BISMARCK, N.D. (AP) — The advertisement was meant to showcase North Dakota's nightlife: Two young men and three women flirt through the window of a downtown Fargo motel bar. Printed next to them is the message: "Drinks, dinner, decisions. Arrive a guest. Leave a legend."
It was meant to be "a little flirty, a little fun," said Pat Finken, president of Odney Advertising, the agency that created the ad.
Instead, some found it a tawdry come-on, prompting the state's tourism division to yank it from its Facebook page late Thursday after it drew dozens of complaints and comments.
One commenter called the ad "sickening," while another speculated about what the people in the photo needed to do to "leave a legend."
Finken and Sara Otte Coleman, director of North Dakota's tourism division, said Friday they were surprised by the reaction.
"It wasn't my favorite ad. I thought, 'Oh, this is a little cheesy.' I certainly didn't think it was over the line, or seductive, or in any way in poor taste," Coleman said. "It really just takes one or two (negative comments), and then people jump on the bandwagon."
The ad was among a group of 10 print ads that North Dakota's tourism agency posted Monday on Facebook to solicit opinions about them. Others show couples shopping and hiking, a pair of men playing golf and a young woman and her daughter leaving a historic wooden fort.
The criticism of the Fargo ad began Thursday, Coleman said. It was removed from the site, and stripped Friday from its place on page 12 of a digital version of the state tourism division's visitors' guide for 2012.
Coleman said the ad was aimed at Canadian travelers, and intended for placement in Canadian magazines. Manitoba is one of North Dakota's primary tourist markets; many residents travel south to Grand Forks and Fargo for weekends, she said.
Finken said the photo was taken last summer at the downtown Hotel Donaldson, which features a lounge with large glass windows and a view of people passing on the sidewalk.
The photo shows two young men at a bar table, looking through the window at a group of three smiling young women.
Katherine Paynter, who is standing in the middle of the three women in the ad, said the five young people know each other well. One of the men in the ad is her boyfriend, Gavin Rehder, 27, of Fargo, who is shown seated at a bar table holding a half-empty glass of beer.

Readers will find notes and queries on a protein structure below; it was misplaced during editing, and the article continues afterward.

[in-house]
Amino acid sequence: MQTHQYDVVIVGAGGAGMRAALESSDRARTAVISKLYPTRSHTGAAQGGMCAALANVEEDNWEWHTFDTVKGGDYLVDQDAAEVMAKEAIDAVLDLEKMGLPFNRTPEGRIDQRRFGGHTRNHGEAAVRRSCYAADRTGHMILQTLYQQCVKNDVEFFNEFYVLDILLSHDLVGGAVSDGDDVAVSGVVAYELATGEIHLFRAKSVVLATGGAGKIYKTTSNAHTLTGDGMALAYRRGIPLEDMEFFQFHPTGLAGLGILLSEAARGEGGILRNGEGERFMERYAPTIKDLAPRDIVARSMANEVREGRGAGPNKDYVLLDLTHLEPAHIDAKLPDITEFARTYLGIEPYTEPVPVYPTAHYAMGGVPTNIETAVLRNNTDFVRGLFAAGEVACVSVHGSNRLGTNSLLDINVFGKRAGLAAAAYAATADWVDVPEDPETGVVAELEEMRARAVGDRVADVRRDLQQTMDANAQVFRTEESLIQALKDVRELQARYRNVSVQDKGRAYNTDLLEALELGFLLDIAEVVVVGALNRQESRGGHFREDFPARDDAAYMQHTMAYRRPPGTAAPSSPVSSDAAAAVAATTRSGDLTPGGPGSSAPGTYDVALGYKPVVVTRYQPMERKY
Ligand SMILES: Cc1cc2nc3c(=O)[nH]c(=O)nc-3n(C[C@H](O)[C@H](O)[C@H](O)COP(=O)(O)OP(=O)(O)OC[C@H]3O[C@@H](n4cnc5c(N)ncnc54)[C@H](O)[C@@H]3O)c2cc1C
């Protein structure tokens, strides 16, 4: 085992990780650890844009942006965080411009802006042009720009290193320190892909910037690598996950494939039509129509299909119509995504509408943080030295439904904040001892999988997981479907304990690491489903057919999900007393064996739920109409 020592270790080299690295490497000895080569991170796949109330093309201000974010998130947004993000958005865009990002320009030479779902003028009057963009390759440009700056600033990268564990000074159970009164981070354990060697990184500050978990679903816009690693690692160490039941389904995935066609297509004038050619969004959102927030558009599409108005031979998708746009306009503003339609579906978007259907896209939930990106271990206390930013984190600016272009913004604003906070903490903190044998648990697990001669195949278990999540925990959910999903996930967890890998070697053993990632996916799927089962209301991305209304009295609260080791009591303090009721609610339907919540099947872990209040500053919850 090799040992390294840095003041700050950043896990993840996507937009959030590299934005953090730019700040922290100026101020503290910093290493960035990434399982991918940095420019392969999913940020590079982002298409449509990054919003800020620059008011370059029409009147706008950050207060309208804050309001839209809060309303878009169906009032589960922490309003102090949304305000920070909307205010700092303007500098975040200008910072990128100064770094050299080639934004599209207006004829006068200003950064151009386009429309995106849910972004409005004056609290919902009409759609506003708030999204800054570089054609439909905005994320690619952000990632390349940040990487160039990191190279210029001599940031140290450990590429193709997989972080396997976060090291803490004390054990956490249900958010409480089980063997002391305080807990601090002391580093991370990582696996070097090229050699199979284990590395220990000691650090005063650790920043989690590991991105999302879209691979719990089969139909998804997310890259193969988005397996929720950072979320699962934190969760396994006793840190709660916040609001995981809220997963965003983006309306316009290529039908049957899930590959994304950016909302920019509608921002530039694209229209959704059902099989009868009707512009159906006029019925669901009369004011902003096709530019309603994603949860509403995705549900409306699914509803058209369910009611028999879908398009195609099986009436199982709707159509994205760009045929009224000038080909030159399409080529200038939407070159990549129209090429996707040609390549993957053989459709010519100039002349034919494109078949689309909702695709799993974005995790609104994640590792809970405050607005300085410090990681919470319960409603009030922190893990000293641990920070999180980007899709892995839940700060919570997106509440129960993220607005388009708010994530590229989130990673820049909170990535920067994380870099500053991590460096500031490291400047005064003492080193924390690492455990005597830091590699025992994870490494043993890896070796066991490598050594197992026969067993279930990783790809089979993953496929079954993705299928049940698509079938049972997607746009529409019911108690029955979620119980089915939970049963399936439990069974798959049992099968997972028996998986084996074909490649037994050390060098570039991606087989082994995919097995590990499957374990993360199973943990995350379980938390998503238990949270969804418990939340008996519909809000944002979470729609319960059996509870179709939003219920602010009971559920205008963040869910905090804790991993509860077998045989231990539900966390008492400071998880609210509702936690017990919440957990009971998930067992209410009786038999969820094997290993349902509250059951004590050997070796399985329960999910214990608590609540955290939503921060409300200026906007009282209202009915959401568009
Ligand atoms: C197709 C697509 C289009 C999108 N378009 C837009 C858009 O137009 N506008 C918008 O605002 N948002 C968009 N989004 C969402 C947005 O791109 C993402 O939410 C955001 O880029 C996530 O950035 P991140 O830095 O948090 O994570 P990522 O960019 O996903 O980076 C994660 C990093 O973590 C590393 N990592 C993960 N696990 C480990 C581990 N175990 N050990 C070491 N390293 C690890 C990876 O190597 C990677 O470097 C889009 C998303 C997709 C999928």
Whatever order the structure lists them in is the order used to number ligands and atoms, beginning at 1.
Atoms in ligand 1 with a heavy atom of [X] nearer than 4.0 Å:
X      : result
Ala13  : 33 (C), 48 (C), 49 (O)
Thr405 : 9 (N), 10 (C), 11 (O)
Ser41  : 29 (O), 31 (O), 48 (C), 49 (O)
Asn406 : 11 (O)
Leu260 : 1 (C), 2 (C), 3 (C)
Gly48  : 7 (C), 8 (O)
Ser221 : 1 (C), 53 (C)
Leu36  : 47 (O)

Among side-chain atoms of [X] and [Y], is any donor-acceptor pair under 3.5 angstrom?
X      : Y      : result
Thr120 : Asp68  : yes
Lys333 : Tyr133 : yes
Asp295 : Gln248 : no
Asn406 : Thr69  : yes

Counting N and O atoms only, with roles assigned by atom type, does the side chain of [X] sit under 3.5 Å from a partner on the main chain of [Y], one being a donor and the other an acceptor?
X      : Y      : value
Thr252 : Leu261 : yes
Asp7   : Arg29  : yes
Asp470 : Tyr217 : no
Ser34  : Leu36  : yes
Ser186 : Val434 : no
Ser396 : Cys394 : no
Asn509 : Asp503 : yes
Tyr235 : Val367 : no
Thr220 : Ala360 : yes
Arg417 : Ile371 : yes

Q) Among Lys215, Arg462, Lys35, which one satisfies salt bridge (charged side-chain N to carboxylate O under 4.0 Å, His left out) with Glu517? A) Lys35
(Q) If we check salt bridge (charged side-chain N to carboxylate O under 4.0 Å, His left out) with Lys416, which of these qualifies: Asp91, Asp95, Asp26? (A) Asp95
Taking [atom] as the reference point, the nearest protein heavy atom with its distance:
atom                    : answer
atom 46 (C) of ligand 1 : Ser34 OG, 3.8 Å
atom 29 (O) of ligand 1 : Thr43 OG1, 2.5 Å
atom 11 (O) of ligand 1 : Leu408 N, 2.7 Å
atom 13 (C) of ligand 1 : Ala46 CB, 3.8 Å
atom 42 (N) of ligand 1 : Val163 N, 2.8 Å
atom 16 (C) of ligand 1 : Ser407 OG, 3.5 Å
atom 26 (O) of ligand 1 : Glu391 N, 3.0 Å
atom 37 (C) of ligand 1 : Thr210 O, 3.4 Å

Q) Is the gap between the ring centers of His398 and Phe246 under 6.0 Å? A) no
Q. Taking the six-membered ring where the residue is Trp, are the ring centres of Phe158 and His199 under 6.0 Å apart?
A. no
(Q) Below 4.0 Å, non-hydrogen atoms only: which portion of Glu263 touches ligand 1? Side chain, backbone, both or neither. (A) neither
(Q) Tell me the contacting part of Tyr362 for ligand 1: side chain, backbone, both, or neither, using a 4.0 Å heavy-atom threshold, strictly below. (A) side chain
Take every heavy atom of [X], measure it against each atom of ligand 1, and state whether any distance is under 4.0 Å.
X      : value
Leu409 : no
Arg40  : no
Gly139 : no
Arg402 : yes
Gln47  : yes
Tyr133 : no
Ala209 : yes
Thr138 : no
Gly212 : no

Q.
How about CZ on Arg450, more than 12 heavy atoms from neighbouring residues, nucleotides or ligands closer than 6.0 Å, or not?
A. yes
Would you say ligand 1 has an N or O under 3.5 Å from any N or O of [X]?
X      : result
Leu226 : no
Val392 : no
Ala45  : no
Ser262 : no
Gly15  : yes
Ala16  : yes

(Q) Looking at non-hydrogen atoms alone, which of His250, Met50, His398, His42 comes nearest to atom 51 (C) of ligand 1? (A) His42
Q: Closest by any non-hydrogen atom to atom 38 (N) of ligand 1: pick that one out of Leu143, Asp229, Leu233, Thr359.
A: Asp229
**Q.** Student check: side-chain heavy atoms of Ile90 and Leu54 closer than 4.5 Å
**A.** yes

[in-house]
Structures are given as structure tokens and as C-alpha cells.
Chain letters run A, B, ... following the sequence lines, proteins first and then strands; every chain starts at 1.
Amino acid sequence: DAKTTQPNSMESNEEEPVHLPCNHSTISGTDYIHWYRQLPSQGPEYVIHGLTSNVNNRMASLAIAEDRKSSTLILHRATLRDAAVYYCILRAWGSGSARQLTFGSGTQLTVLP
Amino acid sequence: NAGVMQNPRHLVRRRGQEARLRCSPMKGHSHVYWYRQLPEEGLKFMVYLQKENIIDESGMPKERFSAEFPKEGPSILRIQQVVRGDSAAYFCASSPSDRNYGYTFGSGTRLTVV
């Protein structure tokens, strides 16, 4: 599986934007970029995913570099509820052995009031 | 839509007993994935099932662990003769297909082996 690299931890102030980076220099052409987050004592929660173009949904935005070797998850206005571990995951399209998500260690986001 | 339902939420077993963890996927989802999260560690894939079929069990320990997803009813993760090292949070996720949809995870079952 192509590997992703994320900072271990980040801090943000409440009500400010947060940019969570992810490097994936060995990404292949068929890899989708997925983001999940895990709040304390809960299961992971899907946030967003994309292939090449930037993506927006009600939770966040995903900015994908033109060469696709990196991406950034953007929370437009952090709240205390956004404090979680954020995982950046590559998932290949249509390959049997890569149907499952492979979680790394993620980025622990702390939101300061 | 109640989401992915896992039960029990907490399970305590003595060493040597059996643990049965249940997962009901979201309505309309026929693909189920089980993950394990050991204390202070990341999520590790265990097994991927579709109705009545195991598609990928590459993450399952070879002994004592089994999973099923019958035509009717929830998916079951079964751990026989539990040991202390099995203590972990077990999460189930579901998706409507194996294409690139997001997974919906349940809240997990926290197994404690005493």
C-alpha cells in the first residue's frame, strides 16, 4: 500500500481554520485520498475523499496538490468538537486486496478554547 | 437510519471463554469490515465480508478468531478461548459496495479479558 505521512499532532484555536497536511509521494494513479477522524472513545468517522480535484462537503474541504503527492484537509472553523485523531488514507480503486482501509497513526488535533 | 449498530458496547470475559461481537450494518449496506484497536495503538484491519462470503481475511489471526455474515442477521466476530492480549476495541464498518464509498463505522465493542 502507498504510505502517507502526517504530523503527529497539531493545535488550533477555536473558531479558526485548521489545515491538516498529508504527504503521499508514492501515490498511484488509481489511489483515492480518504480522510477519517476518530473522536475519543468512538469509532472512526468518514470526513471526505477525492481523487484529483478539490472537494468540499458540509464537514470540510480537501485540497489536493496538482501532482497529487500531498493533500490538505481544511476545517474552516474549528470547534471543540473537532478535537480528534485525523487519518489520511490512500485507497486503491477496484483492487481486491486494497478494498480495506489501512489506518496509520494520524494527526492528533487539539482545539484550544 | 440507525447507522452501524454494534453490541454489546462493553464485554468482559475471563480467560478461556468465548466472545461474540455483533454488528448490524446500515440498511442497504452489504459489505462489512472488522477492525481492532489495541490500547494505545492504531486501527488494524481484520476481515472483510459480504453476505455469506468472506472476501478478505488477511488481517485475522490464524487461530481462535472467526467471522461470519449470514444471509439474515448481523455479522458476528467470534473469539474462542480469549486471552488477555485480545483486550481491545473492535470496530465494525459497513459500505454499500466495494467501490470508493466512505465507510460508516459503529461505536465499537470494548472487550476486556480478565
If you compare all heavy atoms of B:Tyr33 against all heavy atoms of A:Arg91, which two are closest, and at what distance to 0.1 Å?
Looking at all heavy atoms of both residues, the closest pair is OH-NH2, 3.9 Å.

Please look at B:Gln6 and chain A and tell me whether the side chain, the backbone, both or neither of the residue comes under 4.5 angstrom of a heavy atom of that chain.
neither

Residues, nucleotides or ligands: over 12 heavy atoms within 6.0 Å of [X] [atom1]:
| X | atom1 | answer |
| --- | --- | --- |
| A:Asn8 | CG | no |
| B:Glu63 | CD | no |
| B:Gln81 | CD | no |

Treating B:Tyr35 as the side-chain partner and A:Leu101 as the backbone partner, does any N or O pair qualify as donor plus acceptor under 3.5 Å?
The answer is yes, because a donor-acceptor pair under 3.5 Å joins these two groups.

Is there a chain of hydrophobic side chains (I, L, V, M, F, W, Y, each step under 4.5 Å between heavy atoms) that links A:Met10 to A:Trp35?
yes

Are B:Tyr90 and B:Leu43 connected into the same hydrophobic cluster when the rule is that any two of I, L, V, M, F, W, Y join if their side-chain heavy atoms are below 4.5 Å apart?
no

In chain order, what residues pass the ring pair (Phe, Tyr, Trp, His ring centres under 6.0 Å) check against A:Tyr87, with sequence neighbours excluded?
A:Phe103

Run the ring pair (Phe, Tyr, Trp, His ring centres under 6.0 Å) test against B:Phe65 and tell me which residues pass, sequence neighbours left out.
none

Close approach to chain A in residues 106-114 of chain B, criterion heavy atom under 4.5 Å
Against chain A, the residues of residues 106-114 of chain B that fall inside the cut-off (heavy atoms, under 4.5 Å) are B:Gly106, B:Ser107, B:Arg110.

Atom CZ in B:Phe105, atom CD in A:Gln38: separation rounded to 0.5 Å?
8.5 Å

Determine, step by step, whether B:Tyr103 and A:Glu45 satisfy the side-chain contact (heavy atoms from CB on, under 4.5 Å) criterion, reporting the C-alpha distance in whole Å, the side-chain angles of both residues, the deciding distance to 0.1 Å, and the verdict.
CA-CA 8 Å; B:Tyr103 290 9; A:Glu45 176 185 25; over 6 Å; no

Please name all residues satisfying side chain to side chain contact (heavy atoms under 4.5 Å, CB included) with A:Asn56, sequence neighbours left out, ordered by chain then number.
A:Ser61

"When they posted it on Facebook for the public to view I thought nothing of it, nothing at all," Paynter said. "They're trying to get a certain age group to look into the nightlife in North Dakota .... It wasn't supposed to be some sleazy, racy photo."
Paynter, 24, a Fargo resident, is a model and actress who teaches public speaking at North Dakota State University. She said she was disgusted by personal insults directed at the models, some of which described the women as overweight and ugly and the men as gay.
"We were quite excited for this ad to come out, so for it to blow up like this is almost embarrassing," she said.
Kristin Lamoureux, a professor in George Washington University's Department of Tourism and Hospitality Management, said strong reactions to tourism advertising are not uncommon.
"That's the goal of marketing, is to create some sort of buzz," she said. "If you think about the campaigns that you remember, there's controversy there. There's something edgy."
Some tourism campaigns deliberately court controversy, Lamoureux said. When the city of Las Vegas attempted to market itself as a family-friendly destination, it "backfired on them terribly," she said.
"The result is the campaign that you kind of see now, which is, what happens in Vegas stays in Vegas," she said. "If you look at those commercials, a lot of them push the envelope a lot."
Diane Shober, Wyoming's tourism director, said the state does not normally emphasize nightlife in its own campaigns. Wyoming's main attraction to tourists is its parks and outdoors, Shober said Friday.
"It all depends on what your product is. We can't sell anything with shopping or nightlife because we just don't have it available," Shober said. "What draws people here for a vacation is to see Yellowstone National Park."
Ingrid Schneider, a University of Minnesota professor and director of the school's tourism center, said the ad "is definitely not North Dakota's current image, and this is probably what they're trying to change."
"I personally would not think of this as a tourism ad. I think this could be anywhere," Schneider said. "I'm not sure this conveys nightlife. I think there are many other ways to convey nightlife."
Coleman said the 10 North Dakota print ads and six television ads cost less than $200,000 to produce. They will be part of an ad campaign that will cost about $1.8 million.
She said the Fargo photo will remain in the printed version of the 2012 visitors' guide.
"You look at that in the visitors' guide and it's mingled with all of those other activities," Coleman said. "It's blended with so many other things that I think that definitely, the message comes through fine."
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